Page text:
By AVA TURNQUEST
Tribune Chief Reporter
CANADIAN fashion designer Peter Nygard and lawyer Keod Smith did not enter a defence to allegations that the pair orchestrated a murder for hire plot against several Save The Bays directors and a pastor.
The deadline to submit a defence for the contentious lawsuit was March 31, and three months on, plaintiffs are seeking a default judgment on their claims.
Yesterday, attorney Fred Smith, a STB director and plaintiff in the suit, accused Mr Nygard and Mr Smith of grandstanding in the media.
He also questioned the status of the police investigation that was launched in response to the allegations outlined in the suit.
“Very strangely, Peter Nygard and Keod Smith, both of whom proclaimed their innocence from the allegations made in the statement of claim, have failed to file a defence in action brought,” said Mr Smith, QC.
“It was all smoke and mirrors and opportunities for grandstanding in the media on their part. Litigation isn’t defended in media or social media, it’s in the pleadings and they have made nothing, no defence.”
The explosive allegations rocked the nation in March when Prime Minister Perry Christie and Deputy Prime Minister Philip Davis’ names were mentioned in secret recordings between Mr Nygard, and two self-proclaimed gang members Livingston “Toggie” Bullard and Wisler “Bobo” Davilma that were filed in support of the lawsuit.
At the time, Police Commissioner Ellison Greenslade told reporters that he had launched an official investigation into the allegations but has since refused to provide an update on the status of investigations. Davilma and Bullard were later arrested but were released without being charged days later.
Mr Smith said: “It is odd that to date the police, who say they are conducting an investigation, have yet to ask any of the five plaintiffs to have a discussion with them. This continues the pattern of us complaining to police, to parliamentarians, icons of society, everyone, that we have been victims and targets of abuse and there be no official reaction.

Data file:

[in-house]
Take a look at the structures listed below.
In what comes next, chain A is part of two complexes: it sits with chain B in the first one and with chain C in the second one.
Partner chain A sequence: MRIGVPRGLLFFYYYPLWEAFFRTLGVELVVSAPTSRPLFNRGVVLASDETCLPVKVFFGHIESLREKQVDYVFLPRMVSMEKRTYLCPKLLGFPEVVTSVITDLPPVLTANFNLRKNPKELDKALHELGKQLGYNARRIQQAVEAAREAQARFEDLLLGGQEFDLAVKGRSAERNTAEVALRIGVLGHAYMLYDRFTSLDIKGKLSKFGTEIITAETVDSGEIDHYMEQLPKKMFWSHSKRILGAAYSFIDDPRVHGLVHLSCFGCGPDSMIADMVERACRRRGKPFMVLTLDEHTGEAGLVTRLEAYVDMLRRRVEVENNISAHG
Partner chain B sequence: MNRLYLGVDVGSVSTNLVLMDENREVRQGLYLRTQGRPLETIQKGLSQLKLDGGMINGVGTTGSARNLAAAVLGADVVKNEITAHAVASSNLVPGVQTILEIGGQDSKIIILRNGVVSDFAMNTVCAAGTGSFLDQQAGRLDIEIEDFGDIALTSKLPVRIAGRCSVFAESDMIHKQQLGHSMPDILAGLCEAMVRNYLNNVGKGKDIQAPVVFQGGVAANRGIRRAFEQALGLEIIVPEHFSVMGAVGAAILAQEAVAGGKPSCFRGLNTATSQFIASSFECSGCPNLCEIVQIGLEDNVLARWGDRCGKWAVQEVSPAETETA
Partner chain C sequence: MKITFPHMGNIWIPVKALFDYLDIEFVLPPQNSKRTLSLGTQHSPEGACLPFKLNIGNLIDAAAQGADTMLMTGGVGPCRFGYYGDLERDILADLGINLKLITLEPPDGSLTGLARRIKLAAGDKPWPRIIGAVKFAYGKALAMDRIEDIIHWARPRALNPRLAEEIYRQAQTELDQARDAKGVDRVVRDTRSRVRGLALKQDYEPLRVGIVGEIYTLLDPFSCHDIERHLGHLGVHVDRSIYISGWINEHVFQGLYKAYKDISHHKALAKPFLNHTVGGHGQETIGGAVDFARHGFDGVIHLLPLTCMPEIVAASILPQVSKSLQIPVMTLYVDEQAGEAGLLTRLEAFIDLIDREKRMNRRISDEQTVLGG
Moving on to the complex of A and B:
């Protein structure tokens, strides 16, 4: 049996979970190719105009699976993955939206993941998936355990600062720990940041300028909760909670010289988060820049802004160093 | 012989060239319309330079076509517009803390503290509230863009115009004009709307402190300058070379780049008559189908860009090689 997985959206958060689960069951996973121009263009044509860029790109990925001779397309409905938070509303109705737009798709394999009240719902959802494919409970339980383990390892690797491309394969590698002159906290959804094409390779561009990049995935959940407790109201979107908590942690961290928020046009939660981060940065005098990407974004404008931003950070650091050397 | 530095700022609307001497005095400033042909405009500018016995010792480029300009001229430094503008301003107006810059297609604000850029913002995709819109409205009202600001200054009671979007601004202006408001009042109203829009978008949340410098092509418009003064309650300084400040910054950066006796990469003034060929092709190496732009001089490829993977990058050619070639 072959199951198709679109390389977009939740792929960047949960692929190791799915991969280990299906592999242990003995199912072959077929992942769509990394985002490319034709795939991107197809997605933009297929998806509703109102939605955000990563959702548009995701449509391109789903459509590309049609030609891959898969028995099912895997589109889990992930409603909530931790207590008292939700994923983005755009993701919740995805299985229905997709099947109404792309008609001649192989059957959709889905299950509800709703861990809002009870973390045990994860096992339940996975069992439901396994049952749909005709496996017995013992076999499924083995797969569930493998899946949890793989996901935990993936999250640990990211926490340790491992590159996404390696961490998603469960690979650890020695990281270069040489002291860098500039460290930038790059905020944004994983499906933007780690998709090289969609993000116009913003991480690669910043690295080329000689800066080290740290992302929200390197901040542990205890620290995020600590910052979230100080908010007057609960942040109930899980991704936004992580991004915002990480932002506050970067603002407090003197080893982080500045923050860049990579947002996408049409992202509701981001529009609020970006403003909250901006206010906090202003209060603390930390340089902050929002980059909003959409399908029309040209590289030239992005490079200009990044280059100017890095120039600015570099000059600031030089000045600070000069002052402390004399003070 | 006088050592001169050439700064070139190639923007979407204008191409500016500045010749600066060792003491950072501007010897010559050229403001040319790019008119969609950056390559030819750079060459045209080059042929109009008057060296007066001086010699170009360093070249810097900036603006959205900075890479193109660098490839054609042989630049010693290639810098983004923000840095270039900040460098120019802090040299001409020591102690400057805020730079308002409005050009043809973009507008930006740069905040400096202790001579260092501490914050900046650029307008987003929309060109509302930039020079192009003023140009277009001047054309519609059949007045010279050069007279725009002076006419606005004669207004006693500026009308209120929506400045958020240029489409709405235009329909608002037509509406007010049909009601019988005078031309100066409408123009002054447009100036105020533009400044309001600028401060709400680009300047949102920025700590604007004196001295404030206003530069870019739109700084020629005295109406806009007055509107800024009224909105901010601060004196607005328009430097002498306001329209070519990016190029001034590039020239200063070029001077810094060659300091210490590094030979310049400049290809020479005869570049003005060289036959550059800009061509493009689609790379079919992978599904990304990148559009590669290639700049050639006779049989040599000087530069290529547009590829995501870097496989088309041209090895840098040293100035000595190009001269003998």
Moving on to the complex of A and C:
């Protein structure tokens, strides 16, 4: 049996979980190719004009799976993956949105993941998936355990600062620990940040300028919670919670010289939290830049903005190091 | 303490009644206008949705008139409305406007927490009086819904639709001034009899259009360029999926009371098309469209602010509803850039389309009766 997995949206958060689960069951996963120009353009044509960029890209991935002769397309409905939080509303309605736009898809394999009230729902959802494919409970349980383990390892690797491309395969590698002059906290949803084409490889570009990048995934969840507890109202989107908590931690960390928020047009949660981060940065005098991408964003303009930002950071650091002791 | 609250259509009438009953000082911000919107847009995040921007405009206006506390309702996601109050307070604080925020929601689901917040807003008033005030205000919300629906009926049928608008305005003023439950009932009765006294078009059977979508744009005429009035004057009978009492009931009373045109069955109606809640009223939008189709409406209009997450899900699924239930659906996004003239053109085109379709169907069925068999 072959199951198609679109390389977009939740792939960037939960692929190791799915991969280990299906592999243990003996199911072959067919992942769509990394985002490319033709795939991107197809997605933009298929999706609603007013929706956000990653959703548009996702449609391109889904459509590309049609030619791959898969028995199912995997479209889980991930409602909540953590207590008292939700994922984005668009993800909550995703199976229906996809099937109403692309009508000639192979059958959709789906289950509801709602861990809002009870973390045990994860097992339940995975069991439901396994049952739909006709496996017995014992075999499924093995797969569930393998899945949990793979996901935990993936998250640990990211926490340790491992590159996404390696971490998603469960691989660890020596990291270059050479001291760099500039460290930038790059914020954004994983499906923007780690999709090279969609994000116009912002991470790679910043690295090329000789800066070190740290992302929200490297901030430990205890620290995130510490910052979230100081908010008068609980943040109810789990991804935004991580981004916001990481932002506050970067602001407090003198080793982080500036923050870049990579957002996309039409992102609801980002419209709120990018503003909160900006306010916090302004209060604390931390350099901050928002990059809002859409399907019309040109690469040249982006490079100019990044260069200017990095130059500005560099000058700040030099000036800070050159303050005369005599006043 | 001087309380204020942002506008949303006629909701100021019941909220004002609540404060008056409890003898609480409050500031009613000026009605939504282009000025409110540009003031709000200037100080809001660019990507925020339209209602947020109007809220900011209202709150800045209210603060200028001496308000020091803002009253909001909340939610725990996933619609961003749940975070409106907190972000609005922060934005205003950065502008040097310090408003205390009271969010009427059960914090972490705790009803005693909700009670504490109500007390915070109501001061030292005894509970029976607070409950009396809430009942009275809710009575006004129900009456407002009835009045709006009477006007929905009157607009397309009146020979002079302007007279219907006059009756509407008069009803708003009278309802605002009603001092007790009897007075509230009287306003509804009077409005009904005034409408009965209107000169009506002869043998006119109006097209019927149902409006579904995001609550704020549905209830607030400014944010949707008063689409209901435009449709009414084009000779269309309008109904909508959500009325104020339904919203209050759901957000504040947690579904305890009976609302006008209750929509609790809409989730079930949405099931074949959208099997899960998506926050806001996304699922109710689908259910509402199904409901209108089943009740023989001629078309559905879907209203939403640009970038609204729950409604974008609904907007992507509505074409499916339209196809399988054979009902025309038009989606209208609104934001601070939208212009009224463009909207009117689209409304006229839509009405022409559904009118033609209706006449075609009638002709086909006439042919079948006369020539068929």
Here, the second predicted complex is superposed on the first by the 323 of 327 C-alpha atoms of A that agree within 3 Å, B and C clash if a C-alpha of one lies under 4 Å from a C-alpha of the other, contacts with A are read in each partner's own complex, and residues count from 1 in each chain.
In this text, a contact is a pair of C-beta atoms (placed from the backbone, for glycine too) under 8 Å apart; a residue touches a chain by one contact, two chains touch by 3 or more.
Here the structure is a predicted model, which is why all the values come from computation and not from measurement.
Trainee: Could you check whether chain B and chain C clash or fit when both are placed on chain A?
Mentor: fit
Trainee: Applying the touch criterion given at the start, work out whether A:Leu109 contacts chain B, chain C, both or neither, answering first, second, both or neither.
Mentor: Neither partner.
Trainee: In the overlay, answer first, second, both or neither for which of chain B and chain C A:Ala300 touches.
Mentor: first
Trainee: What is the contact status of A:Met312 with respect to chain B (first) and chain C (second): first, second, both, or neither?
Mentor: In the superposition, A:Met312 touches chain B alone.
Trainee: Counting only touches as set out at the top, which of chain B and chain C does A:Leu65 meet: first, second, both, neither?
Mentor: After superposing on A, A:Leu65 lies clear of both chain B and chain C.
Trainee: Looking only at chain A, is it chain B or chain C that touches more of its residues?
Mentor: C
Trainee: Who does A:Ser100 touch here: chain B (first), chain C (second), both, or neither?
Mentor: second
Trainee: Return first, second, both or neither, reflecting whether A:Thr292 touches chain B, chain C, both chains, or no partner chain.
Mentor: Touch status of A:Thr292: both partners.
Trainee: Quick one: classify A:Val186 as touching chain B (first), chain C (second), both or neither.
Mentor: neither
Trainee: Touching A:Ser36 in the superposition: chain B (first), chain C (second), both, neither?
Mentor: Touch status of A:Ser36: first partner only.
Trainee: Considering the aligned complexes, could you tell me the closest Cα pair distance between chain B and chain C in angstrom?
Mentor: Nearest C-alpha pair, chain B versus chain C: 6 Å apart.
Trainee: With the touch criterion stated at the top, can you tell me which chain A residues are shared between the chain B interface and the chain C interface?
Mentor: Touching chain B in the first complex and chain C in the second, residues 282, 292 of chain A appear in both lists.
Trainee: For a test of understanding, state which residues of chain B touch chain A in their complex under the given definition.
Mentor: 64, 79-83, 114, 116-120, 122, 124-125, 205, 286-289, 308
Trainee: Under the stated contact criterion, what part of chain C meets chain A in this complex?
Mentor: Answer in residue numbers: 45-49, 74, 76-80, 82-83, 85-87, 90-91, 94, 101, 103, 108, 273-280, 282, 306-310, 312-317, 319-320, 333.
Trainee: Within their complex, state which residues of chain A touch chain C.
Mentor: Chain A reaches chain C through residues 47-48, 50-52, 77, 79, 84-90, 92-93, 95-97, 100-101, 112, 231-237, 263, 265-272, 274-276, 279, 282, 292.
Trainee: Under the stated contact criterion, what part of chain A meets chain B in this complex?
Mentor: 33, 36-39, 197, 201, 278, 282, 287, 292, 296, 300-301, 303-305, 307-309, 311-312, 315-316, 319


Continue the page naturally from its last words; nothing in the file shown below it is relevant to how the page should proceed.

“Except the government accusing us of trying to destabilise the government, perversely.”
The Supreme Court writ was filed against Mr Nygard and his former lawyer Keod Smith by Save The Bays Directors Joseph Darville, Romauld Ferreira, Fred Smith, Louis Bacon, and Reverend CB Moss, who is not a part of the organisation.
It alleged that the defendants orchestrated a two-and-a-half-year campaign of fear and violence to “kill or scare off” activists Mr Nygard saw as opponents to development plans for his Lyford Cay property.
The plaintiffs are also seeking damages and a permanent injunction against Mr Nygard and Keod Smith restraining them from arranging any further tactics against them.
Both defendants filed an appearance on March 17, and were required to serve a defence on the plaintiffs within 14 days.
On March 21, Mr Nygard filed an affidavit and supporting statements in the Supreme Court alleging to show evidence that Mr Bacon and former Free National Movement Chairman Michael Pintard committed criminal activities while participating in a plan to implicate him in a murder plot.
Mr Nygard filed an affidavit by Carlos Mackey along with sworn statements by Davilma and Bullard, the two men who accused him in previous court documents of hiring them to commit murder and other crimes.
However, those documents did not represent a counter-claim or defence, according to Mr Smith, who called the move a publicity stunt.
On March 29, Mr Nygard sued The Tribune, Save the Bays, as well as Free National Movement Leader Dr Hubert Minnis and Mr Pintard, and others, for “libel” as well as “abuse” of the Supreme Court and Parliament.
Mr Nygard was seeking an injunction restraining 16 defendants from committing “further acts intended to harm or likely to harm” his economic or other legal interests and an injunction restraining the defendants from committing “further libel or slander” against him.
Yesterday, Mr Smith pointed out that although the fashion mogul filed the massive counter suit, no statement of claim has been filed in that matter.
The application for interlocutory judgment in default of defence was filed on April 28.
The Tribune tried to contact Mr Nygard’s legal counsel Elliot Lockhart, QC, for comment but did not get a response up to press time.